header logo image header logo text
Downloads Login
General Information
ZFIN ID: ZDB-PUB-080902-28
Newly-identified receptors for PHI and GHRH-like peptide in zebrafish help to elucidate the mammalian secretin superfamily
Wu, S., Roch, G., Cervini, L., Rivier, J., and Sherwood, N.
Date: 2008
Source: Journal of molecular endocrinology   41(5): 343-366 (Journal)
Registered Authors: Sherwood, Nancy M.
Keywords: none
MeSH Terms:
  • Amino Acid Sequence
  • Animals
  • Base Sequence
  • Growth Hormone-Releasing Hormone/genetics
  • Growth Hormone-Releasing Hormone/metabolism*
  • Humans
  • Molecular Sequence Data
  • Peptide PHI/genetics
  • Peptide PHI/metabolism*
  • Peptides/genetics
  • Peptides/metabolism
  • Phylogeny
  • Receptors, Cell Surface/classification
  • Receptors, Cell Surface/genetics
  • Receptors, Cell Surface/metabolism*
  • Secretin/classification
  • Secretin/genetics
  • Secretin/metabolism*
  • Sequence Alignment
  • Tissue Distribution
  • Zebrafish/genetics
  • Zebrafish/metabolism*
  • Zebrafish Proteins/classification
  • Zebrafish Proteins/genetics
  • Zebrafish Proteins/metabolism
PubMed: 18757498 Full text @ J. Mol. Endocrinol.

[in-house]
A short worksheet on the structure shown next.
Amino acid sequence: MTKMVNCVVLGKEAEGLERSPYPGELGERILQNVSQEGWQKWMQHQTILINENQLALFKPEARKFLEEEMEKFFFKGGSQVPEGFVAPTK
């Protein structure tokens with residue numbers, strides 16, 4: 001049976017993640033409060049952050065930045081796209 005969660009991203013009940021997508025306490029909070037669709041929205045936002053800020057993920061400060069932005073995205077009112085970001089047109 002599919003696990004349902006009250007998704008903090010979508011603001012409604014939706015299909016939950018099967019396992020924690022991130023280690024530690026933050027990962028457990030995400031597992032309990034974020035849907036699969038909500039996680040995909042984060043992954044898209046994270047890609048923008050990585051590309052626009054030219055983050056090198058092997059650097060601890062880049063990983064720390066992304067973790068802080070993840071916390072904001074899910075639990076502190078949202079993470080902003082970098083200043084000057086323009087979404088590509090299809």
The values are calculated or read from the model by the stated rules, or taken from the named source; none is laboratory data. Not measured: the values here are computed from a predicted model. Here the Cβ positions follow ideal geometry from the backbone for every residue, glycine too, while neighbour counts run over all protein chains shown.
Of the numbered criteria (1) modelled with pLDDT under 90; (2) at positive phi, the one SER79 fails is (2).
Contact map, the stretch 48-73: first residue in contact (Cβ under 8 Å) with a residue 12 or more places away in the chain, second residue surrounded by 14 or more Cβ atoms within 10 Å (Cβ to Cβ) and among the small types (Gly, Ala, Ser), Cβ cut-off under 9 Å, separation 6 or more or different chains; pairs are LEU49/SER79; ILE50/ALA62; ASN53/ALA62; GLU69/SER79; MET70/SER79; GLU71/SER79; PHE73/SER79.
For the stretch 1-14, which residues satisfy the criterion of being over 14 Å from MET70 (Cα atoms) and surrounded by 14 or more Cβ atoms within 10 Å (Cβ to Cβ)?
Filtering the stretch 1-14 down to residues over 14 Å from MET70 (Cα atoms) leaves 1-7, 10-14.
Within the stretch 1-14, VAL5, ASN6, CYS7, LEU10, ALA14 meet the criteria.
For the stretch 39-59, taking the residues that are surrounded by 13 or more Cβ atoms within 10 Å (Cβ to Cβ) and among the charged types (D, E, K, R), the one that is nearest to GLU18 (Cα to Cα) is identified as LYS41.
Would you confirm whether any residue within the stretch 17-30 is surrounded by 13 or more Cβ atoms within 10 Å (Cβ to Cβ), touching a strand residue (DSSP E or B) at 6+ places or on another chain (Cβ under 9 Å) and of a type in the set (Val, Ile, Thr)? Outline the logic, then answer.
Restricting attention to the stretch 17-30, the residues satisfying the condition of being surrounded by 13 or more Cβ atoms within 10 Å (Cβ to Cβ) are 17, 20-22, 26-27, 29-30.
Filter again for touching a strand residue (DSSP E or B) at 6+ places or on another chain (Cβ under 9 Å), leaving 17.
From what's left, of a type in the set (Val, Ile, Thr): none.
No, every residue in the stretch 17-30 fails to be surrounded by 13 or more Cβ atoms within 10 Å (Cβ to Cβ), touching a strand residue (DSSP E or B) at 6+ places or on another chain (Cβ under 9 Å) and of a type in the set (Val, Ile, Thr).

A group of ten hormones in humans are structurally related and known as the secretin superfamily. These hormones bind to G-protein-coupled receptors that activate the cAMP pathway and are clustered as the secretin or B family. We used molecular techniques to clone two full length receptor cDNAs in zebrafish, which were analyzed for amino acid sequence and ligand-binding motifs, phylogenetic position, synteny, tissue expression, functional response, and signaling pathway. Evidence is provided that the two cDNAs are the peptide histidine-isoleucine (PHI) receptor and PRP receptor, which is known as growth hormone-releasing hormone-like peptide (GHRH-LP) receptor in non-mammals. Further we cloned a zebrafish cDNA encoding the peptides PHI and vasoactive intestinal peptide (VIP). The PHI-R cDNA, transfected into COS7 cells, responded to zebrafish PHI in a sensitive and dose-dependent manner (EC50 = 1.8 X 10-9M) but not to PACAP and VIP. The GHRH-LP receptor responded to both zebrafish GHRH-LP1 and GHRH with a 3.5 fold greater response to the former. For comparison, two zebrafish receptors (PAC1 & VPAC1) and two human receptors (VPAC2 & GHRH) were tested with human and/or zebrafish peptides. Unexpectedly, zebrafish VIP activated its PAC1 receptor suggesting that in evolution, PAC1 is not always a specific receptor for PACAP. We conclude that zebrafish, like goldfish, have a specific receptor for PHI and GHRH-LP. Our evidence that zebrafish PHI is more potent than human PHM in activating the human VPAC2 receptor (EC50 = 7.4 X 10-9M) supports our suggestion that the VPAC2R and PHI-R shared a common ancestral receptor.